Good thing, too, because my knit-picky nature will not accept the above as a valid belief system.

Now I’m using lifelines. When I complete a Row 1 in the pattern, I use a blunt needle and some crochet thread and slip it through each loop on the needle. Theoretically, if I screw up again and can’t fix it just by un-working a few stitches, I can pull out everything back to the lifeline, which since it goes through each stitch in the row, will keep me from losing the stitches, allowing me to slip them back on the needle and go from there.

The thought of having to do this makes me hyperventilate a little, but the first time it happens, I’m sure I’ll be glad I have this back-up plan in place.

It sure will save a lot of wailing and swearing and throwing of objects and stabbing-of-things-with-knitting-needles, which is a “win” in my book.

A Day In The Life

It’s Monday again. Back to work for most, but some of us never really stopped.

When I tell people I’m the Managing Editor for a publisher, it’s hard to define what that means, so I thought I’d give it a shot here. I’m kind of exhausted just thinking about it, so let’s see how I do.


The “editor” part is easy enough to understand. I edit books, working with the authors to get them all bright and shiny and ready for publication, both for my Limitless/Crave authors, and a select group of indie authors.

The “managing” part is much harder to describe. In short, I coordinate with a team of authors, editors, proofreaders, formatters, cover designers, marketing professionals, and the publisher’s executives to move a book through every step in the process, from submission to release.


Honestly, I wear so many hats that most days I am technically nine feet tall. 

My first step every morning is checking email, and what I find there sets the tone for the rest  of the day. Email might include:

  • Receipt of a manuscript I was expecting for my editing schedule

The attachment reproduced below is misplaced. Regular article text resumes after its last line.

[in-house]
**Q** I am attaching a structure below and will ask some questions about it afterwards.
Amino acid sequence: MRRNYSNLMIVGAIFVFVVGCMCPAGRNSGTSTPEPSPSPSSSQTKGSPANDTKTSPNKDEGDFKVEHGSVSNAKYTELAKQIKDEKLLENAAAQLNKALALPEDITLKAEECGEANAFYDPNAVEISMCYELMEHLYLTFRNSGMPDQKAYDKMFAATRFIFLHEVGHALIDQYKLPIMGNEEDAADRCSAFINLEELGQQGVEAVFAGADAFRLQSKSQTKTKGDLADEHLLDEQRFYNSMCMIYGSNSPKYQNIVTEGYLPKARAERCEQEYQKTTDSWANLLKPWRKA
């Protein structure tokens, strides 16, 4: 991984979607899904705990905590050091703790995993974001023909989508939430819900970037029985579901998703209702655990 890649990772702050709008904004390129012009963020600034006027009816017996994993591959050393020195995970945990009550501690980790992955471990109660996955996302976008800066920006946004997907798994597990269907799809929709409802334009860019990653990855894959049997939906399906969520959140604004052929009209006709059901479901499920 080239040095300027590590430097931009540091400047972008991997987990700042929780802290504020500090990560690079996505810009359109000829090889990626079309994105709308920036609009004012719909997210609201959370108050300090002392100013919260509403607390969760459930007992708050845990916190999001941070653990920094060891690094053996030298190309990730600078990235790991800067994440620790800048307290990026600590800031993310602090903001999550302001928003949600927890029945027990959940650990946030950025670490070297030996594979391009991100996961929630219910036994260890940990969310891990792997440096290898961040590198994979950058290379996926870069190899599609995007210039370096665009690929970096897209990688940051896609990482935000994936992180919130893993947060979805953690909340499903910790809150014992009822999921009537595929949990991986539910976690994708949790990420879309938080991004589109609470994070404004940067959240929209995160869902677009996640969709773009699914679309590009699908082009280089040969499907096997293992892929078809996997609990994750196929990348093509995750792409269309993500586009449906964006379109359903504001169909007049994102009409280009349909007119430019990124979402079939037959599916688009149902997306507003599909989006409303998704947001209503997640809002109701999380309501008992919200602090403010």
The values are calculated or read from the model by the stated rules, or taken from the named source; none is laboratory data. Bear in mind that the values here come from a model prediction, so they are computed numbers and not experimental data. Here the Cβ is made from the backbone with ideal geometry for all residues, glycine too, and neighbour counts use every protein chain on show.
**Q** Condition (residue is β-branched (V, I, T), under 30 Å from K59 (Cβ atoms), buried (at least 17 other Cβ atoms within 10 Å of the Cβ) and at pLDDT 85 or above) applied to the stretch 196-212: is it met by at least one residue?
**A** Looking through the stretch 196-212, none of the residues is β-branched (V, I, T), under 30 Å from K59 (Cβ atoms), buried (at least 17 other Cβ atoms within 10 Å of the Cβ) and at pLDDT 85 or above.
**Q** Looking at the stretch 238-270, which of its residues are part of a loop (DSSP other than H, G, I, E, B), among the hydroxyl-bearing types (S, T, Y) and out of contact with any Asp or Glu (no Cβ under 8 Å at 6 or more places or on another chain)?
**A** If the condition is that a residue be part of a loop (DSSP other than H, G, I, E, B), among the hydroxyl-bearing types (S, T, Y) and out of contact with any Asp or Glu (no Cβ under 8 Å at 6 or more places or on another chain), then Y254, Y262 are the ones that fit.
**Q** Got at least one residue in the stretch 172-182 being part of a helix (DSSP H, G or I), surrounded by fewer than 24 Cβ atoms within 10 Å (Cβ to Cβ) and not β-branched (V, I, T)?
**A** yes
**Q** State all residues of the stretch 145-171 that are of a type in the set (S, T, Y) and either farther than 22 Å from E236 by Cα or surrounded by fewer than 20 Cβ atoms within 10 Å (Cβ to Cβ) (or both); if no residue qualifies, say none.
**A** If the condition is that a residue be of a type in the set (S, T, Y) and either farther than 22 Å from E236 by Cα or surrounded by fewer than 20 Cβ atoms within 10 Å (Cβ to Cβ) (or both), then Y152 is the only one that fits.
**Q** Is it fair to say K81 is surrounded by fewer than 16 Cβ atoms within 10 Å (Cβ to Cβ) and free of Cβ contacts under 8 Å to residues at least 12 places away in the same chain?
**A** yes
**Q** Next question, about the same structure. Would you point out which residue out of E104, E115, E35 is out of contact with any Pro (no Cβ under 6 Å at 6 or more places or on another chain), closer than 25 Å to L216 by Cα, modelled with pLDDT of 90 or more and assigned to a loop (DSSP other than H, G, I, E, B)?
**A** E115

• Lack of receipt of said manuscript, or an email explaining why I don’t have it and begging for “one more day”
  • An author with a happy announcement
  • An author upset about something
  • An author upset about everything
  • Other team members being upset about the upset author
  • A long email exchange brainstorming new title ideas for a book or series because the original one sucked
  • A completed edit from one of my editors to be sent along to the proofreader
  • People inquiring about openings in my editing department…often misspelled and poorly punctuated
  • Drafts of cover blurbs to be reviewed/revised, and sent to upper management for approval or rejection
  • Exchanges with authors about release dates
  • Someone asking the same question I’ve already answered six times, as well as posting the information in one of our author groups
  • Messages from the cover artists asking where the hell the blurb is for the current project
  • An author announcing they have a great idea for a new series, and should they write it now, before they complete the series in progress? (No.)
  • Discovery that a newly-signed manuscript is 340,000 words, roughly four times longer than we’d prefer, followed by convincing an editor to tackle working with the author to divide it into palatable bits

And that’s just for starters.

I check the contract status report. If new books are on there, I have to log them all and start planning their edits, proofs, and creation of their book cover art and blurbs. If the author is new to us, I have to email them a welcome, list of instructions, and an overview of our editing process. I also have to check the budget, because none of this stuff is free.

I check the cover design status sheet. Once a book has a release date set, it needs to go on this sheet, and I send the assignments to the artists, giving them ample time to complete  the project.

I cross-check all my spreadsheets. Book log (which has columns for every step in the 13348883_10208326038441047_398668350_nprocess), blurb sheet (which shows release date and where we are on the writing of the blurb for the online listings and cover), contract sheet, cover design sheet, budget, release calendar, and my personal calendar. Doing this helps me spot inconsistencies or places I dropped a step along the way.